We had a friend join us for the weekend, and he showed us a game. People who read this may or may not be aware of the existence of games called dating sims, where you play the part of (normally) a guy who is in a situation where there are lots of girls, usually high school. The idea is to get one of them to go out with you. Well, the game we were introduced to this weekend was similar but different - you are given a ten-year old girl to look after. It's called 'Princess Maker' and, for want of a better word, it's a parenting sim. It is horribly addictive, and this is coming from someone who managed to avoid almost all the plot in the game.
You start with a long introduction where you, the player, personally defeat the Prince of Darkness in close combat. As a result of this, a kingdom is saved and the King and Queen award you a house and a salary in gratitude. Some while later, while walking at night, you are accosted by a god/goddess who gives you an innocent nine-year-old 'daughter', whom you have to raise from ten to eighteen, helped by a butler called Cube, who has pointy ears and black wings.
It's made difficult by the lack of money - the salary you get barely pays for anything, so you have to send your daughter out to work. She gains things (like cooking experience from restaurant work) and loses things (like charisma, if you work in the graveyard), as well as earning money to spend on food, gifts and education. I found it very amusing that sending my daughter to learn science raised her intelligence but lowered her faith and magic defence. You also have to give her some time off so her stress level doesn't get too high. When it gets too high, she refuses to work (and so doesn't get paid) and won't work at school (but you still pay for the lesson). Anyway, as well as work, school and time off, you can also send her on adventures to the area around the city. I brought my daughter up working at the restaurant, which lowered her combat skills to zero, so, given the choice between earning money and getting knocked out by every monster I ran into, I chose to have her earn money and she never went on another adventure. I didn't realise that if you carry on adventuring you can get money that way - Moonshadow's daughter mugs merchants to pay for her education (!)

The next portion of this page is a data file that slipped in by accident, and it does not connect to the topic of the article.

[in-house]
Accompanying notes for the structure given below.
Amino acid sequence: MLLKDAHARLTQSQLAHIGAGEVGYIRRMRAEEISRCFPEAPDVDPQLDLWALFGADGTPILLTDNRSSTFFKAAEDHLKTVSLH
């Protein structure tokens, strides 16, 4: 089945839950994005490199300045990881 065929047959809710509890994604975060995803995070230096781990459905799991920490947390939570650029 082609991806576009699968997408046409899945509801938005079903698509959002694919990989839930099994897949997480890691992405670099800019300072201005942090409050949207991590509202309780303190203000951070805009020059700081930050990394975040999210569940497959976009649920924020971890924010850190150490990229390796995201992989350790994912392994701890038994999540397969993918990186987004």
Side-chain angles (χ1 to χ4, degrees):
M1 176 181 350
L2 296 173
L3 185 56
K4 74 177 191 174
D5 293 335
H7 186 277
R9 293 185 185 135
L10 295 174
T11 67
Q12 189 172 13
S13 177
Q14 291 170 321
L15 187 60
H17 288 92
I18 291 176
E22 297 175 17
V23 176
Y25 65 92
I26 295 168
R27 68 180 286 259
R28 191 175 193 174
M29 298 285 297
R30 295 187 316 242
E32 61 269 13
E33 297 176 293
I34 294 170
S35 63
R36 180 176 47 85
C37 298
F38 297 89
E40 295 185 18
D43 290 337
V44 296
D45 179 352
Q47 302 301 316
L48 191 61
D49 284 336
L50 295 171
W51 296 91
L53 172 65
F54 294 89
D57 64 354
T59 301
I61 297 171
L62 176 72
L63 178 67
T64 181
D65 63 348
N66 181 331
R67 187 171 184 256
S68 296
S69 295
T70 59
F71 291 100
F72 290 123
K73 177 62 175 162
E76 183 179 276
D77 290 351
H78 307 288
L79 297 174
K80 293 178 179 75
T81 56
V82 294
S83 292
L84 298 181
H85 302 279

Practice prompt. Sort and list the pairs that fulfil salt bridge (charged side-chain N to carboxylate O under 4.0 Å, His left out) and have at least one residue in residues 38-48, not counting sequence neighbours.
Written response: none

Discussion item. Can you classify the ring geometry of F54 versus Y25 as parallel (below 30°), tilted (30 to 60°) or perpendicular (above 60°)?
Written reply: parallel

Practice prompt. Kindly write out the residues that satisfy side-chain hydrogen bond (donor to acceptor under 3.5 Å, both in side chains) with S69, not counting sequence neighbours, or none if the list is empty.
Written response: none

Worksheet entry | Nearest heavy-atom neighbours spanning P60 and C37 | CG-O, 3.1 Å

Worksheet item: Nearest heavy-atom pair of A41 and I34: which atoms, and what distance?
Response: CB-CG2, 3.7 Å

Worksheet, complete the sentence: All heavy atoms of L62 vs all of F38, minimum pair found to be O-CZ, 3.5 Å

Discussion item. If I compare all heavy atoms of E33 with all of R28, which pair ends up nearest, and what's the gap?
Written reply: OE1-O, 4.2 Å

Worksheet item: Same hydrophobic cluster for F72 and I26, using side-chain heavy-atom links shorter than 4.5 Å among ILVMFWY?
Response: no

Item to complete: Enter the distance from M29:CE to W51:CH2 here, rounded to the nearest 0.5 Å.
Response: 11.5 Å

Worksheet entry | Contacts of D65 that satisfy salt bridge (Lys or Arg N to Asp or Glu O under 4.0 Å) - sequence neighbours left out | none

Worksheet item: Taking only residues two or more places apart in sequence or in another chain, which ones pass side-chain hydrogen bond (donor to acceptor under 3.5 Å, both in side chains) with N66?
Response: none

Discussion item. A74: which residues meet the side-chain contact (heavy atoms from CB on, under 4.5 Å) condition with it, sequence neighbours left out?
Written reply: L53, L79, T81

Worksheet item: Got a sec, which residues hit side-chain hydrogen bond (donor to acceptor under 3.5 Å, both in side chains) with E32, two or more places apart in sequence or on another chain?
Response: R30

However, it appears that plot lies outside the city. The Hologram's daughter ended up getting married to a dragon she met in the desert although she later chatted up a prince. Moonshadow's daughter has just met the Prince of Darkness, who offered to raise her stats. My daughter missed out on all that, and grew up elegant and refined and won the cooking contest at the festival. When she turned eighteen, she wrote me a nice little letter saying thank you for the education (which her work paid for) and how much she enjoyed learning poetry (which was the school option that raised more of her stats for less money) and that the chef in the town restaurant couldn't have coped without her. She became an artist but never married, which I think isn't too bad a fate. Her patron deity told me it was because she had low morals, which is obviously a slight on my parenting ability.
I may try again later, but for now I'll leave it like it is. Phoenix Feathers will continue despite my acquisition of another highly addictive time sink. Next Tuesday, those who were asking on the wiki what 'chibi' means will find out ^.^
- Sun Kitten, 15th April '03